She was angry because she thought: If only Judgment would come and smash up the whole world, then I should know what to do. Then I shouldn't be between two minds like this. Why doesn't the Lord help me? He's given me His word in my mouth, and now He's put another in my heart. What shall I do? Why doesn't He come and save me?

§ 27

Then one night she had her Temple dream again. It was long since it had visited her. It broke into the restless darkness of her sleep with a clear shining. The Temple stood in the east, with the vivid skies of a dream behind it, and from under the threshold the waters flowed, towards the right, down into the marishes. Her heart was full of peace, a sense of comfort and deliverance, as she walked up towards the gate, passing ankle-deep through the shallow waters. She was looking for Strudwick among the oast-house towers, but she felt no grief when she did not see him; and suddenly her sense of comfort swelled to joy, as out of one of the towers walked Clarabut.

"My love," she cried; and there was an echo among the towers—"love, love, love . . ."

"We shall live together here," he said, "to all eternity. Hallelujah! Hallelujah!"

"But what about the meeting in Brighton?"

"That is over. Judgment is over. We have been given this inheritance for ever, you and I. We shall no more go out."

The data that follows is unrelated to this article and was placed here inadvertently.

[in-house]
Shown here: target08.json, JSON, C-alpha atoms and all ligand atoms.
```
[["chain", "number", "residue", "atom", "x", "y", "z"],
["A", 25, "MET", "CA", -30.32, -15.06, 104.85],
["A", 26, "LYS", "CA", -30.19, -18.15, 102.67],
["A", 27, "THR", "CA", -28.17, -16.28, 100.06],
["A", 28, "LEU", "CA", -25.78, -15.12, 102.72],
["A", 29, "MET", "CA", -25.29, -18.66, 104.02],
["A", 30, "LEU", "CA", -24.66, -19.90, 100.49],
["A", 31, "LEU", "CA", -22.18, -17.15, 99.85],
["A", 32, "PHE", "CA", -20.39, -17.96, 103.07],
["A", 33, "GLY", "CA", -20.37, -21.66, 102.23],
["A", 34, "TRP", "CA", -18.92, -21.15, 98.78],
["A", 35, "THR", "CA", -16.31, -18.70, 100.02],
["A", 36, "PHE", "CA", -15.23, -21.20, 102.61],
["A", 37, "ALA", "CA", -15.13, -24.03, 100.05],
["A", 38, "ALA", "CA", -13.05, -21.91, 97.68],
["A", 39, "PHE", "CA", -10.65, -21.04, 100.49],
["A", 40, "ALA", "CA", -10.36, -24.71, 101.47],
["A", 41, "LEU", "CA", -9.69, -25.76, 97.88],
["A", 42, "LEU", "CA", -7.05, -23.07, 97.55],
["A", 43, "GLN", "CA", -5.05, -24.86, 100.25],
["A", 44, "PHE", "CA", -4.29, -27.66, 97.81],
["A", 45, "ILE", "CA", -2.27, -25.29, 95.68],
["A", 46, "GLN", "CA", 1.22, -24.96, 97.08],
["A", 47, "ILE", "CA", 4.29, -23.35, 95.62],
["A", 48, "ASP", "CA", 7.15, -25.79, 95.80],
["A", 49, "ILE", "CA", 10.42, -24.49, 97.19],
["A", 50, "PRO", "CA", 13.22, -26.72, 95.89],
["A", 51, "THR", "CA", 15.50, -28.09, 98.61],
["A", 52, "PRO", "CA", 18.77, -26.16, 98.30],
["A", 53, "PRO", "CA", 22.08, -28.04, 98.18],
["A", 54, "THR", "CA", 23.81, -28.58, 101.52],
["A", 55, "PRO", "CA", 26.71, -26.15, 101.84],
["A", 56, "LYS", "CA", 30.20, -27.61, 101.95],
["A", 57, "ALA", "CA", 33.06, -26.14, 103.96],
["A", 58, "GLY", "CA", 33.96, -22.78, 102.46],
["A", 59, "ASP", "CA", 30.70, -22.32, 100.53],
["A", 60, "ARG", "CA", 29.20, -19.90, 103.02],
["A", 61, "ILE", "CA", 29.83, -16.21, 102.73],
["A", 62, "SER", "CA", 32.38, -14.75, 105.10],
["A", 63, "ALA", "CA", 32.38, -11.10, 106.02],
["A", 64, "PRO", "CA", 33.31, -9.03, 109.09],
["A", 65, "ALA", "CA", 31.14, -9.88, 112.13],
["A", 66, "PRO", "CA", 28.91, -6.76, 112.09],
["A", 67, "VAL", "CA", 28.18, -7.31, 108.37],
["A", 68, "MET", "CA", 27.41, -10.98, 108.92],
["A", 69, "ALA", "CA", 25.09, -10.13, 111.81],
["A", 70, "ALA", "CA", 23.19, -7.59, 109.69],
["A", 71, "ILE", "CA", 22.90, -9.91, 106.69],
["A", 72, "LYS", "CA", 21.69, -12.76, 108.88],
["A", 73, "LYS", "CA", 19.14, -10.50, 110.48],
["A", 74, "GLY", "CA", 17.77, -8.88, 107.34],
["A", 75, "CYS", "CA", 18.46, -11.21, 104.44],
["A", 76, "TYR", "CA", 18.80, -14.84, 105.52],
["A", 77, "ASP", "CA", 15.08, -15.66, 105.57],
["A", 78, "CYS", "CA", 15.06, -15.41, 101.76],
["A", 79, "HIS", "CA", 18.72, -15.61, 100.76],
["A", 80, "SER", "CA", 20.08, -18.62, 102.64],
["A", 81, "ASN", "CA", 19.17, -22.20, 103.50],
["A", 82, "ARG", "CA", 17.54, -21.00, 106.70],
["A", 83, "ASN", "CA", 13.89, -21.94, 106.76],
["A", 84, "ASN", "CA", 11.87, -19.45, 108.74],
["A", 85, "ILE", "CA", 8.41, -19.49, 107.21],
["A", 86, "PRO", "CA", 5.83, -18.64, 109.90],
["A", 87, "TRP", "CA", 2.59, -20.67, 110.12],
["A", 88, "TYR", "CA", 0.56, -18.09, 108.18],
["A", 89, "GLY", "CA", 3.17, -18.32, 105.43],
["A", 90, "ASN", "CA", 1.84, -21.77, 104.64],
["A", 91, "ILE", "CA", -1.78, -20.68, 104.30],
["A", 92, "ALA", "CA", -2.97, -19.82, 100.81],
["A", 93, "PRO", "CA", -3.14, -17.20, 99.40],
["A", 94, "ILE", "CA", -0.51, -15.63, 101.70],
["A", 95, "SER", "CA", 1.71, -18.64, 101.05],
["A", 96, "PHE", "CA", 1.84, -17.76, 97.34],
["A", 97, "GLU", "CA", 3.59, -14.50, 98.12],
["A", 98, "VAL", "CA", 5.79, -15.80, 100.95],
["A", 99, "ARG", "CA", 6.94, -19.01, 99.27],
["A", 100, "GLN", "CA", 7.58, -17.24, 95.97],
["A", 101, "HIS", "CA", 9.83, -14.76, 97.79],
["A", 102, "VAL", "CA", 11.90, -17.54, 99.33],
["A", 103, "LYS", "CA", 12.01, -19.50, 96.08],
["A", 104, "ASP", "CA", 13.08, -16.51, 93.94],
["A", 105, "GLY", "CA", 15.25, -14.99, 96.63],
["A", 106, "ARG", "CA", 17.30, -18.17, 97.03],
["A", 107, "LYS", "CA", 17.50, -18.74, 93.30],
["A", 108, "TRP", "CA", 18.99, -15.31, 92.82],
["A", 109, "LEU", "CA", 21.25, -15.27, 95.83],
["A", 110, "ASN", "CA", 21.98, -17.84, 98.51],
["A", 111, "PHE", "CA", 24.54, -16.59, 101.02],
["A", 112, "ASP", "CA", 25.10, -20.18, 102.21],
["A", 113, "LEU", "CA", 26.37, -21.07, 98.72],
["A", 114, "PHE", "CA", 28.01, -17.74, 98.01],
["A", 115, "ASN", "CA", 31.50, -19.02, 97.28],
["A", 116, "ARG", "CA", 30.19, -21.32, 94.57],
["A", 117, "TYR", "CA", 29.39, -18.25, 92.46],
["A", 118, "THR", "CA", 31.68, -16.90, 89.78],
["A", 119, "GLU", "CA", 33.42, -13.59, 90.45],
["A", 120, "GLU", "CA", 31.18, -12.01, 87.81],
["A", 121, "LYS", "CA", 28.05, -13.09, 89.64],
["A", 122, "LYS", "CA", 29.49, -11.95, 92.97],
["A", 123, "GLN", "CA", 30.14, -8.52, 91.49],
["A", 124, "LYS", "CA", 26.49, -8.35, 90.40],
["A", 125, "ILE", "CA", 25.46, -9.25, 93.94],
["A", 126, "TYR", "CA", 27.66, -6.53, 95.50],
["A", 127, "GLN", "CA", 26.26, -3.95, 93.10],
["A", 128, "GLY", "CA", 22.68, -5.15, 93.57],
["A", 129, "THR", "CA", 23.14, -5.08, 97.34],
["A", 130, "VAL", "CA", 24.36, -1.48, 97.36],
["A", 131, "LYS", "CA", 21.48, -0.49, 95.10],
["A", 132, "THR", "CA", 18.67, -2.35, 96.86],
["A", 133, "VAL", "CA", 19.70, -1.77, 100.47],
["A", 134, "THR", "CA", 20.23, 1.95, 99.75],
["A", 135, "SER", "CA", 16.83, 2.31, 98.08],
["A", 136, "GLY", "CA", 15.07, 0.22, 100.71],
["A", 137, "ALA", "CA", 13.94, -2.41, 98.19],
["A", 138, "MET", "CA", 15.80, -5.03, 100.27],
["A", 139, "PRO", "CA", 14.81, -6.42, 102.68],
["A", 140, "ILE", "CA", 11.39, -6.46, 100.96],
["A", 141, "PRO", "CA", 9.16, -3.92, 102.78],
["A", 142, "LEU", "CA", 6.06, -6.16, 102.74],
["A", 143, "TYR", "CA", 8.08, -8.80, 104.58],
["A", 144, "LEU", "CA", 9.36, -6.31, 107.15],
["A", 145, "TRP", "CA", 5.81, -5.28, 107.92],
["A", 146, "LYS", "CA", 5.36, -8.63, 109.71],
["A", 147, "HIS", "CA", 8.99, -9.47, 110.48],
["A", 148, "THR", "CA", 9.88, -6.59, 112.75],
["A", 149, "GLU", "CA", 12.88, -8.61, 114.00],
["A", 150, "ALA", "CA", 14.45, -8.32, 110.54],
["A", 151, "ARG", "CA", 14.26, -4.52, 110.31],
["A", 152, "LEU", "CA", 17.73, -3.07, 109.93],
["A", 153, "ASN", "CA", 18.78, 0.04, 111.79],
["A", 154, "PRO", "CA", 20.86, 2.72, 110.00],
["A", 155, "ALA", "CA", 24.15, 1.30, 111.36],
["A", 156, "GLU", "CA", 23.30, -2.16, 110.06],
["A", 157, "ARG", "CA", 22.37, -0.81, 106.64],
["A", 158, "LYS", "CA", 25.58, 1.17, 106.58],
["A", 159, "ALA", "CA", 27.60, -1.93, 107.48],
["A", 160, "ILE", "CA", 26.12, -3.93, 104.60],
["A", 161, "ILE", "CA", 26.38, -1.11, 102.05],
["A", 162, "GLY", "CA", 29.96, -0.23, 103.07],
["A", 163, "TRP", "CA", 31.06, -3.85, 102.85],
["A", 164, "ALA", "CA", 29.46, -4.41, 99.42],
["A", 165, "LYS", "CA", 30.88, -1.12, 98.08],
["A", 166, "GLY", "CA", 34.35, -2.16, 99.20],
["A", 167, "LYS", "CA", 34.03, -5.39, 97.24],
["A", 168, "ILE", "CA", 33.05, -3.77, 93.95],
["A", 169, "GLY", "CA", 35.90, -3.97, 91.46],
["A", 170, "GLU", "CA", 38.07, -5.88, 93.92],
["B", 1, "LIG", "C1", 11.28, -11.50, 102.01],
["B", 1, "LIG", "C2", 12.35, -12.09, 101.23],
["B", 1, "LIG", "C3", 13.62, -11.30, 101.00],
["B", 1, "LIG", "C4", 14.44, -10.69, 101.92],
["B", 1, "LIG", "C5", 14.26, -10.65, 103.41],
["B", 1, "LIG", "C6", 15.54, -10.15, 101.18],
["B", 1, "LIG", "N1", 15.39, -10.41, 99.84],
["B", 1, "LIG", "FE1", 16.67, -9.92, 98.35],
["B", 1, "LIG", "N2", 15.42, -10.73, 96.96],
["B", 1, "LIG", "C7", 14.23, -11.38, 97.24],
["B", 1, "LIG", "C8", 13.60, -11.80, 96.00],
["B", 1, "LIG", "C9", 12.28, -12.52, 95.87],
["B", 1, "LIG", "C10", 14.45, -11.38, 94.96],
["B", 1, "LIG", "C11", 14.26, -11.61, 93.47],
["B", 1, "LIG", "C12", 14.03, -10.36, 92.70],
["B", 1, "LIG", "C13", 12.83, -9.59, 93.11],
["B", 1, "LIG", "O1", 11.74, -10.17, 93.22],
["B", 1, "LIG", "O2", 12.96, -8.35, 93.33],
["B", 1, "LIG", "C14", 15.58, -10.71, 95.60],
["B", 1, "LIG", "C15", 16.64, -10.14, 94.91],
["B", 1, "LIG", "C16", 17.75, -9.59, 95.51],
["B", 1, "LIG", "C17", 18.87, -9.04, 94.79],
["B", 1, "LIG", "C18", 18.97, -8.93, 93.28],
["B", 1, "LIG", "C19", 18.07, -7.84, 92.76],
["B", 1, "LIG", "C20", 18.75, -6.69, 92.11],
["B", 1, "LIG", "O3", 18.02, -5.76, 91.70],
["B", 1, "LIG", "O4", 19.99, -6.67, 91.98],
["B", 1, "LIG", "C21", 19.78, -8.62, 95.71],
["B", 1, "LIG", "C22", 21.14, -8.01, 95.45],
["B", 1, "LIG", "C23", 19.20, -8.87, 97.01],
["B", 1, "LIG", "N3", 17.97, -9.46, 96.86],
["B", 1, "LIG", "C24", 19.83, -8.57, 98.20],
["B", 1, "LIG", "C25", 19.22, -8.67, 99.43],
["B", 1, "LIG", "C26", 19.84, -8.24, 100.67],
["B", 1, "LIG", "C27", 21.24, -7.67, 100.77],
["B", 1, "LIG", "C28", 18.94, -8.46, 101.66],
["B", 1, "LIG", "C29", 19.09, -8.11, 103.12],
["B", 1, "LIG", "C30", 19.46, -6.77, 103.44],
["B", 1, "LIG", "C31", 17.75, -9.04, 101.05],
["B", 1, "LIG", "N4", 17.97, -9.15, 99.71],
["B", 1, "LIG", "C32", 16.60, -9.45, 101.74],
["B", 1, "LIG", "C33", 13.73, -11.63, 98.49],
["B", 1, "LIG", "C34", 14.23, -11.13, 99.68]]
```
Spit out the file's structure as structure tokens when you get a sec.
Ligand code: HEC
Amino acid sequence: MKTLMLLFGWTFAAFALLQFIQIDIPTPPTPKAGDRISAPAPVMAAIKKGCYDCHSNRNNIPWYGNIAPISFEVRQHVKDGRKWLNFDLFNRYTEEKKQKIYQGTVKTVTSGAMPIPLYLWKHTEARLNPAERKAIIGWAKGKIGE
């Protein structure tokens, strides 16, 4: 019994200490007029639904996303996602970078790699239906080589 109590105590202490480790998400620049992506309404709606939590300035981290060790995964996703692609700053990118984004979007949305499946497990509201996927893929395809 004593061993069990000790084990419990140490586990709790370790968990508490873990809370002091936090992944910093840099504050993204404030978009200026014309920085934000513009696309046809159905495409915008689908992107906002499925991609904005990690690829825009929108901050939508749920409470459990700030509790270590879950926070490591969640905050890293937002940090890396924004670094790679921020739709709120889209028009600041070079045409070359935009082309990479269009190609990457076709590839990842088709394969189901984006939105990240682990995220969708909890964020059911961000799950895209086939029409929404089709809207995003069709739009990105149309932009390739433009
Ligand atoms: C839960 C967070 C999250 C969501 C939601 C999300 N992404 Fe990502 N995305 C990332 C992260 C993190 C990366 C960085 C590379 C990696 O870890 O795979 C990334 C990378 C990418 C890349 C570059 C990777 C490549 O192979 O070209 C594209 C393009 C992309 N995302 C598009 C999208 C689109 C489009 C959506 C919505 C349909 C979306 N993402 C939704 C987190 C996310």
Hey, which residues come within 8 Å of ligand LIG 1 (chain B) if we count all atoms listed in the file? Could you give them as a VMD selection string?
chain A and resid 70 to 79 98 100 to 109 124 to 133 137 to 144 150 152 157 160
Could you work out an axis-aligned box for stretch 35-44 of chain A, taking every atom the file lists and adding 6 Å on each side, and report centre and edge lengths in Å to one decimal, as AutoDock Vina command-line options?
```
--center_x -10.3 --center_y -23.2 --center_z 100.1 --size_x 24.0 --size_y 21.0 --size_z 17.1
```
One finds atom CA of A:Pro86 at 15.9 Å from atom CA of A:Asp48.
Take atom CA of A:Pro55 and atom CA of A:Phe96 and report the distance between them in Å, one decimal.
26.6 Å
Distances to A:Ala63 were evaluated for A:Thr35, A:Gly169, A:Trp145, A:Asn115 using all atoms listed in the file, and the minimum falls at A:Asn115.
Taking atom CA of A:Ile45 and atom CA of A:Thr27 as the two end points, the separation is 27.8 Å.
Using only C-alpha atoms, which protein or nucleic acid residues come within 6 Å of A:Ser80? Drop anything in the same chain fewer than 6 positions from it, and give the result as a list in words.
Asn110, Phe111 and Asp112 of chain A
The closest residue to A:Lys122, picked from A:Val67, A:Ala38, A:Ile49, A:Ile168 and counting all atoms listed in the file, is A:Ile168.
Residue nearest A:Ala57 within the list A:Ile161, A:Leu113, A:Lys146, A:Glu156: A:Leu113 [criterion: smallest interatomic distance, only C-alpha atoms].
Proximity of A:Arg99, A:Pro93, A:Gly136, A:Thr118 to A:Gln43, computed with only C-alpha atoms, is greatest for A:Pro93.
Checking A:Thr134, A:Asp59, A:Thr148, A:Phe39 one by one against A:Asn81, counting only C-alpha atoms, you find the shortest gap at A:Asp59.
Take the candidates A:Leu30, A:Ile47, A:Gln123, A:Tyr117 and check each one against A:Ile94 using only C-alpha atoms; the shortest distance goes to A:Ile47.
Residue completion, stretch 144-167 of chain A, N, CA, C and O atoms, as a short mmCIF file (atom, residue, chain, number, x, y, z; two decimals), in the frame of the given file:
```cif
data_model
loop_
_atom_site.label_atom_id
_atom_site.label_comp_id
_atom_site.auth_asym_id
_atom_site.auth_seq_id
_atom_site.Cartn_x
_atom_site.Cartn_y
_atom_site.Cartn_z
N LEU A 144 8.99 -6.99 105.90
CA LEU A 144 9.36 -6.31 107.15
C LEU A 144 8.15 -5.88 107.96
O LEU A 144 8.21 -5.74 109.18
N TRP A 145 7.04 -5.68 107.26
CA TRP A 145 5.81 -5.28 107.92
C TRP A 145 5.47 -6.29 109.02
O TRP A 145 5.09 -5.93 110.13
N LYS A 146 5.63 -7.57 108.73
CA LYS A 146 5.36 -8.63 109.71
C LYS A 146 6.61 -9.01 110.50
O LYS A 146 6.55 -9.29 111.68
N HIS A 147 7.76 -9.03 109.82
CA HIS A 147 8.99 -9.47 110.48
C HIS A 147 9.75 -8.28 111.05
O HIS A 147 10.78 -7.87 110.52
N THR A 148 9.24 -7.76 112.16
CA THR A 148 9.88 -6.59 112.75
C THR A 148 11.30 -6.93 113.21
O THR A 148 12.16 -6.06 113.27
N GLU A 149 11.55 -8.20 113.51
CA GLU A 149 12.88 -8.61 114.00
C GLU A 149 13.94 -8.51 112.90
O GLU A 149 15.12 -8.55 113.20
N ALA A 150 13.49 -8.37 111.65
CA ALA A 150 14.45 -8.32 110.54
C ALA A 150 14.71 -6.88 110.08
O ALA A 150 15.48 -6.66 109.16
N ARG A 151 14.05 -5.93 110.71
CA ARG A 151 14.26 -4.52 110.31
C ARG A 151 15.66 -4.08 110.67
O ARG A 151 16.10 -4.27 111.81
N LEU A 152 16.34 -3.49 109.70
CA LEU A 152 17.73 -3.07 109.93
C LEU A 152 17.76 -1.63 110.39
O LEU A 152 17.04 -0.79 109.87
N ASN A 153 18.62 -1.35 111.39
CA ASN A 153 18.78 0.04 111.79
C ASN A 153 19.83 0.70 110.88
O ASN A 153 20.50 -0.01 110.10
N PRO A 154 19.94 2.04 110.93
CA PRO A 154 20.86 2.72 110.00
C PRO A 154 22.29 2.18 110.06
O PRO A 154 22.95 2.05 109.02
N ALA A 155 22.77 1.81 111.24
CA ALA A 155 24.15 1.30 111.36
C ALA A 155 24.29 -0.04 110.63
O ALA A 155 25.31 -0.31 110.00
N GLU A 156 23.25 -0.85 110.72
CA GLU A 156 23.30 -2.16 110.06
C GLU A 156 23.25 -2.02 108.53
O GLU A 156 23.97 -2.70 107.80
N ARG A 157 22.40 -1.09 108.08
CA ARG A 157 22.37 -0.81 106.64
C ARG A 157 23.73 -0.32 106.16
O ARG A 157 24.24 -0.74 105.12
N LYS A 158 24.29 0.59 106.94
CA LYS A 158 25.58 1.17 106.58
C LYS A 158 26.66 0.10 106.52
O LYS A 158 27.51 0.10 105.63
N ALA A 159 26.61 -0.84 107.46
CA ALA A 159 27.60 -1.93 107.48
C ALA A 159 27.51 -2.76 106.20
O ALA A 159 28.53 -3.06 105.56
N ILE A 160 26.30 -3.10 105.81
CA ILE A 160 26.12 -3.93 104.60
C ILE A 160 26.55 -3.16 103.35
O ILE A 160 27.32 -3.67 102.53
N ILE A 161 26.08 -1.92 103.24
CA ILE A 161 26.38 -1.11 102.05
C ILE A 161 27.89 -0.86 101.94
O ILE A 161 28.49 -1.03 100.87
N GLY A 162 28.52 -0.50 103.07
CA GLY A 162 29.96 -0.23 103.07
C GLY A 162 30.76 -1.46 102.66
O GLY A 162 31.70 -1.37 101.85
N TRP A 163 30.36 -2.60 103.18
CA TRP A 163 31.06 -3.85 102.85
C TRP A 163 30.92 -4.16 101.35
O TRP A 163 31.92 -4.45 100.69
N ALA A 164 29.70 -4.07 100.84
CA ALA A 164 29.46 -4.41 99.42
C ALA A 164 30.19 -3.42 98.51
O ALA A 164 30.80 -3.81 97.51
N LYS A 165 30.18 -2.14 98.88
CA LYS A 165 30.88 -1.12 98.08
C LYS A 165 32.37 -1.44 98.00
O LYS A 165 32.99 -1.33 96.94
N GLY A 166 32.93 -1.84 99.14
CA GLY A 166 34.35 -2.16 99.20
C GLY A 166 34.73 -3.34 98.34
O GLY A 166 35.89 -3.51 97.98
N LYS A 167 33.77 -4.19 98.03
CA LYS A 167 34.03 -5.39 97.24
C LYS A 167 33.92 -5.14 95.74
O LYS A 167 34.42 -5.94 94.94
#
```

Then she asked what had happened to all the Colgate Brethren, and he answered:

"Rahab and Babylon have got them," which for some reason or other made her laugh very much.

She woke up laughing, though when she was wide awake she found that her eyes were wet with tears.

But the dream had comforted her. She sat up and thought about it while fingers of light crept round the window. She tried to recall every word that had been spoken. In the light of waking truth Clarabut's words did not sound at all like anything he would have said; but, she told herself, he had spoken after Judgment and Judgment would change him. The Scripture said—"We shall all be changed, in the twinkling of an eye." Clarabut would be changed; he would mock no more, he would no longer doubt the truth of her doctrine. She felt that the dream had been sent to comfort her, to show her the way out. Was Judgment nearer even than she had preached? Perhaps it was true, as those fools had said, that it would come upon them suddenly at the great meeting. In which case she had nothing to fear, for all her problems would be solved by Divine interference. Judgment was not to part her from the man she loved, but would bring them more intimately and spiritually together, housekeepers of the Temple.